These are chunky, sturdy board books which have glow in the dark covers. (We tested them out in a dark room).
Reasoner pairs cheerful drawings of bats, ghosts, pumpkins, and other Halloween images with silly rhymes. There is nothing scary in these books so they should be safe to read during or before the average preschool, kindergarten, or first grade Halloween party. They were fun to read aloud - especially "Boo"! since the ghost repeats "Boo"! and "Ooo"! many times. They are also very short, so I recommend that libraries buy the whole set, and that patrons check them out the whole set, not just one.
03 January 2011
Private: a Novel
What will a poor girl on scholarship do to fit in with her preppy peers? Reed couldn't wait to get out of her home where her drunk mother and passive father are. The curriculum and interaction with the girls at Easton school is a dream come true. (By the way, Easton is the name of the school on "The Facts of Life", too).
Then Reed starts to see the downside of the school. To be with the in crowd she must decide if she wants to give up who she is to be someone new or be herself.
The book ends without complete closure, encouraging the reader to continue the series with the next book - "Invitation Only". Don't say I didn't warn you about the ending.
AngelCat Sugar: Spring Picnic
created by Yuko Shimizu
by Ellie O'Ryan and Sachiho Hino
Scholastic Reader Level 2, 250-750 words, developing reader, new vocabulary and longer sentences, grade level 1-2, lexile level 410L
I was disappointed with the plot of the last AngelCat Sugar book I checked out, but since she is EXTREMELY cute, I thought I would try again. In this book, Sugar and friends want to fly kites and have a picnic. Everyone wants to do things his or her way. Sugar works out a compromise where everyone is happy. There is a little geometry and physics thrown in as they see what shape of kite flies the best. AngelCat Sugar has been redeemed in my mind by this book with a much better plot than the one about the snail ("AngelCat Sugar: A New Friend"). I still have not figured out if AngelCat is one word or two (Angel Cat).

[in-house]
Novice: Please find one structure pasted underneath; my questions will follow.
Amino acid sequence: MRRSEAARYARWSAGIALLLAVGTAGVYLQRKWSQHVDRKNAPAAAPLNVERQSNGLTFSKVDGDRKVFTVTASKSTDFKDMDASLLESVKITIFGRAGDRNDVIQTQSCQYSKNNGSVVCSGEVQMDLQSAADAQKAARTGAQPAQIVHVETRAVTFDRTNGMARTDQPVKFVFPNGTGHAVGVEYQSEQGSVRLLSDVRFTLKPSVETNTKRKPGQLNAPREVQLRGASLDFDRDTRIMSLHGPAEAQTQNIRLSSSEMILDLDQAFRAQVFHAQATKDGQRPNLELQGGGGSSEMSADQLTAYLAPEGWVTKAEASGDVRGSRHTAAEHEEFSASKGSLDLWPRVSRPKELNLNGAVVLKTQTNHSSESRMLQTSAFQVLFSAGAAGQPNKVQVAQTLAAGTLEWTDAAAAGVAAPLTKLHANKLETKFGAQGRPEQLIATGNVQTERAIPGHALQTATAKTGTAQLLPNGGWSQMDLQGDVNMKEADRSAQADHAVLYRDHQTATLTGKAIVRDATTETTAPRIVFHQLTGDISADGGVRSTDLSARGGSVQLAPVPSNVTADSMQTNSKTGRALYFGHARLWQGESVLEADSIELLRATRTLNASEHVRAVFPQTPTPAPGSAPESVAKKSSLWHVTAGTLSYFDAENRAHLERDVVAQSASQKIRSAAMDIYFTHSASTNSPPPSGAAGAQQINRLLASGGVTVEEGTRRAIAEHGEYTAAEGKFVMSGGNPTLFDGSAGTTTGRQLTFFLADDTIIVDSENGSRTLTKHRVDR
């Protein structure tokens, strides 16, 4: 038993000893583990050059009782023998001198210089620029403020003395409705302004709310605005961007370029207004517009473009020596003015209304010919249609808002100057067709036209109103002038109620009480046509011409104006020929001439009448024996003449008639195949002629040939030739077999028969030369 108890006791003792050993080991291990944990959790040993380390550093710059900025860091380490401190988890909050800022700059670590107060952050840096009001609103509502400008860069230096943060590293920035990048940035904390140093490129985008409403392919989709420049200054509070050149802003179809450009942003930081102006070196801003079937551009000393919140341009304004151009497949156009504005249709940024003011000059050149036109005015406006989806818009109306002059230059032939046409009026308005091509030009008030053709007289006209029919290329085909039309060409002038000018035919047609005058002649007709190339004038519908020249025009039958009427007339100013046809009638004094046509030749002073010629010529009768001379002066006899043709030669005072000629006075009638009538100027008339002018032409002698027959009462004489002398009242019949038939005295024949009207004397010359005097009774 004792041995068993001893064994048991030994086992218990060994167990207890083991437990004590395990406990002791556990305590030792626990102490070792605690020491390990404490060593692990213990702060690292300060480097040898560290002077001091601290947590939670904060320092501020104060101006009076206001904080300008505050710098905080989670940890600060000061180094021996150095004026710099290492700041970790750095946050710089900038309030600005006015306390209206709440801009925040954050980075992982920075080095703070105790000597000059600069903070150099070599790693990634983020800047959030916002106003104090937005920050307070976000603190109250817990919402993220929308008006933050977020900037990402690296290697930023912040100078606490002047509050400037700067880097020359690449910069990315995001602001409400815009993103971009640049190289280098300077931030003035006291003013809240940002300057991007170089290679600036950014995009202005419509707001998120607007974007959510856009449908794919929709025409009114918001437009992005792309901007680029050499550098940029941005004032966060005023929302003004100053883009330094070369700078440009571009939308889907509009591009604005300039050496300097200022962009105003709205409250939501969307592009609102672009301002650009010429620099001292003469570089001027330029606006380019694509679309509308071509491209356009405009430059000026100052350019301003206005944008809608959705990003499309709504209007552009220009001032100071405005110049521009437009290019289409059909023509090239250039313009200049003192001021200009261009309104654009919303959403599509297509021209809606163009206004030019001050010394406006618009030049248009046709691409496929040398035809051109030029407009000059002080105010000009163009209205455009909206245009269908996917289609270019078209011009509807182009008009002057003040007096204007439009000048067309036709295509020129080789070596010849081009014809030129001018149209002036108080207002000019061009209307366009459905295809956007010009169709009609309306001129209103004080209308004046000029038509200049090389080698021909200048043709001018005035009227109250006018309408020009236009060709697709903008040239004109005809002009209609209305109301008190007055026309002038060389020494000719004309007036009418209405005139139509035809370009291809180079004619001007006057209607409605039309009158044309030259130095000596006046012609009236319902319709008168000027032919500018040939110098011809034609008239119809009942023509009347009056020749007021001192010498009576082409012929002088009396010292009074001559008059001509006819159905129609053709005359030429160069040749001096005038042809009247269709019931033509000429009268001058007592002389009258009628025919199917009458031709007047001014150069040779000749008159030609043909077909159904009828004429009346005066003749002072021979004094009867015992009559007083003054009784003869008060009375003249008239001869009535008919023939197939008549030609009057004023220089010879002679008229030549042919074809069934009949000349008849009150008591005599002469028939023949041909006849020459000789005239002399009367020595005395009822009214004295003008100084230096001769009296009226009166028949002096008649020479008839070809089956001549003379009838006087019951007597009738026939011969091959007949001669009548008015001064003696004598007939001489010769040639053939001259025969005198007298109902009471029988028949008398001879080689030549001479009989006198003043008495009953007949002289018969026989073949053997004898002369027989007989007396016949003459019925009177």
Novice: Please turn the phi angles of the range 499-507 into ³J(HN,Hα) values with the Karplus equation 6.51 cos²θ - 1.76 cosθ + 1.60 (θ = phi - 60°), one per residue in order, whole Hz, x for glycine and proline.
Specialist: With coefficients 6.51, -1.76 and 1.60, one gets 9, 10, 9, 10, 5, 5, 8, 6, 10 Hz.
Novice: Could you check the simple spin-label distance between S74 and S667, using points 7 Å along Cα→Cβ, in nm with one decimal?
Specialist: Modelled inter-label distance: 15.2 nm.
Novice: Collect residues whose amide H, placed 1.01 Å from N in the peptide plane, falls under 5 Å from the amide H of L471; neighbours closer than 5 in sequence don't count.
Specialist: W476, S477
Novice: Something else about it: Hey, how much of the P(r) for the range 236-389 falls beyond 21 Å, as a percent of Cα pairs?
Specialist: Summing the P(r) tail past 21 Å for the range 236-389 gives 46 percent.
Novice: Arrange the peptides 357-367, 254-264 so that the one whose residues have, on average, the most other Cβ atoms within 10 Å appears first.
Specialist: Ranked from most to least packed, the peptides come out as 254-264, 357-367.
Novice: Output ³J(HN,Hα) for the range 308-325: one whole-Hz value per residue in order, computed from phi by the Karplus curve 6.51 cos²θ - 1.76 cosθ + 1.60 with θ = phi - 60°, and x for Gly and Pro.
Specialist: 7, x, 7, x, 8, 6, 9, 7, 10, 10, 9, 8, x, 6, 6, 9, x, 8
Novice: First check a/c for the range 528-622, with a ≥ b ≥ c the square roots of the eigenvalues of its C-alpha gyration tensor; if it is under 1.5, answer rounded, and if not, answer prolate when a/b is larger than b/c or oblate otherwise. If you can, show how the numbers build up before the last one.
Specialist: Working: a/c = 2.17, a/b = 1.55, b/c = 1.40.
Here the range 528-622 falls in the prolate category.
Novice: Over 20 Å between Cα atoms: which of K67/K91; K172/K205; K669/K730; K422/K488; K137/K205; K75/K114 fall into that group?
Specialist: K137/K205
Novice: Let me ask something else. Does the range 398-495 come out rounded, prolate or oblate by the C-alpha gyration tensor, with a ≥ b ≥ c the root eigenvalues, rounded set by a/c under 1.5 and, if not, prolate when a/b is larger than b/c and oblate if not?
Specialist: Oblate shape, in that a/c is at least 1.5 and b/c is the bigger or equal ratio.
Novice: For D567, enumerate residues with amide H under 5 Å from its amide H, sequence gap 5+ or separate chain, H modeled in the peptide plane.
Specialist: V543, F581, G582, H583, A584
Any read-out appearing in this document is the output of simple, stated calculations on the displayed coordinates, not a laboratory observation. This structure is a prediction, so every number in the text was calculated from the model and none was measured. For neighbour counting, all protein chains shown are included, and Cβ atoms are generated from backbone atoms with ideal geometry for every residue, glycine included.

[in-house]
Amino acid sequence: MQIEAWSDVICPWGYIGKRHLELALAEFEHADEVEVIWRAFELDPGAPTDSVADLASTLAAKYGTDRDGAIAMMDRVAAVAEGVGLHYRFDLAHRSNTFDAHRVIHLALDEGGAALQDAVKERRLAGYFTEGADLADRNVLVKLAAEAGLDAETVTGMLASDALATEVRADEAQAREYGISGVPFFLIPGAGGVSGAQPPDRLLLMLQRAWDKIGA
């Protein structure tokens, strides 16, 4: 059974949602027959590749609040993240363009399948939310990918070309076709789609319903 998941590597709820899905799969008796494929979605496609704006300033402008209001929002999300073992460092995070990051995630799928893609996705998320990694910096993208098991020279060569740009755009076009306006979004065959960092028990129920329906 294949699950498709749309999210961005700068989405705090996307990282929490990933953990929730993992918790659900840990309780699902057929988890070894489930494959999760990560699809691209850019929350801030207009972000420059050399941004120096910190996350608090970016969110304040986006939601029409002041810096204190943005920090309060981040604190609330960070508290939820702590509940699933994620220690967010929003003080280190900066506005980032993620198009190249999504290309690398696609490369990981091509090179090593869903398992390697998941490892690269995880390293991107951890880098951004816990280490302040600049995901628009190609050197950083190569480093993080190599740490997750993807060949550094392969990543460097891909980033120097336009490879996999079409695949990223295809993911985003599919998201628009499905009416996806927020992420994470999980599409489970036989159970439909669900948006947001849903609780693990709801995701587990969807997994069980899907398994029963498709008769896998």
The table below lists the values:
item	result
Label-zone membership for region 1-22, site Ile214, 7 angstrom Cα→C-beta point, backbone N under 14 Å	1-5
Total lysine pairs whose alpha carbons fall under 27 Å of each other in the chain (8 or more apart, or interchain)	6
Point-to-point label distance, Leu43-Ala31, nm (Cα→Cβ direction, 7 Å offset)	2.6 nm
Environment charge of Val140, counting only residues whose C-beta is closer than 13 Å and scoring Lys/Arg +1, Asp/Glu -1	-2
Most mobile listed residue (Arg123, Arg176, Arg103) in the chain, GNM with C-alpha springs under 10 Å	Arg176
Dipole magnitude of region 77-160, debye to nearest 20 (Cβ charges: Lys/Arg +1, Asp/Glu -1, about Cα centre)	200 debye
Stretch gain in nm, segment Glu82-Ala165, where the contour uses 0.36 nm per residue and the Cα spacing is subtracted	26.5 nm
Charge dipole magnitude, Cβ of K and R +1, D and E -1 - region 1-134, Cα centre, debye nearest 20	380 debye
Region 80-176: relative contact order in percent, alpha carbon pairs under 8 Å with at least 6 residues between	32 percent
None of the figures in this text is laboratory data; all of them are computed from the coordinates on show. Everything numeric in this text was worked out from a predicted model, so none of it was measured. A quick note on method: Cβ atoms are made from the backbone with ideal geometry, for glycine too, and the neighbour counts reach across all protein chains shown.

Rainbow Magic: Sunny the Yellow Fairy
Daisy Meadows and Georgie Ripper
children's fiction, ages 7-10
(Previously published as Saffron the Yellow Fairy)
This is # 3 in a series.
1 Ruby the Red Fairy
2 Amber the Orange Fairy
3 Sunny the Yellow Fairy
4 Fern the Green Fairy
5 Sky the Blue Fairy
6 Inky the Indigo Fairy
7 Heather the Violet Fairy
After this Rainbow series are some more series of fairy books (Pet Keeper fairies, etc.), so readers can keep busy for quite some time with the fairies.
The seven rainbow fairies have been scattered by the wicked Jack Frost. Two mortal girls must help the fairies defeat Jack and his goblins and return home to Fairyland. This series is pleasant and easy to read. The goblins are not particularly scary. Many girls will be clamoring for the next book in this series. In this book, the Rachel and Kirsty work together with a queen bee. I thought that was a good use of the nature plot.
Personally, I think the illustrations are lousy. They are little more than ink sketches. I would have preferred a deluxe hardback version of this book with color pictures that were more completely done. The cover is fancy with gold stars. I have seen the fairies illustrated in color in the girl's magazine "Sparkle", so I was disappointed in how they are used in the Scholastic paperback.
Saving CeeCee Honeycutt
Twelve year old CeeCee is being raised by a mentally deranged mother and an absentee father in Willoughby, Ohio in the late 1950's. Fate intervenes and she ends up living in Savannah, Georgia with her mother's aunt. Can CeeCee recover from years of being neglected by her parents? With the help of some fine Southern ladies, hopefully the answer will be yes.
Ohio readers should note that some of this book is set in Willoughby and Columbus and even Orwell are mentioned briefly. The author is from Cincinnati.
I couldn't help but think that readers could "compare and contrast" this story to "The Help".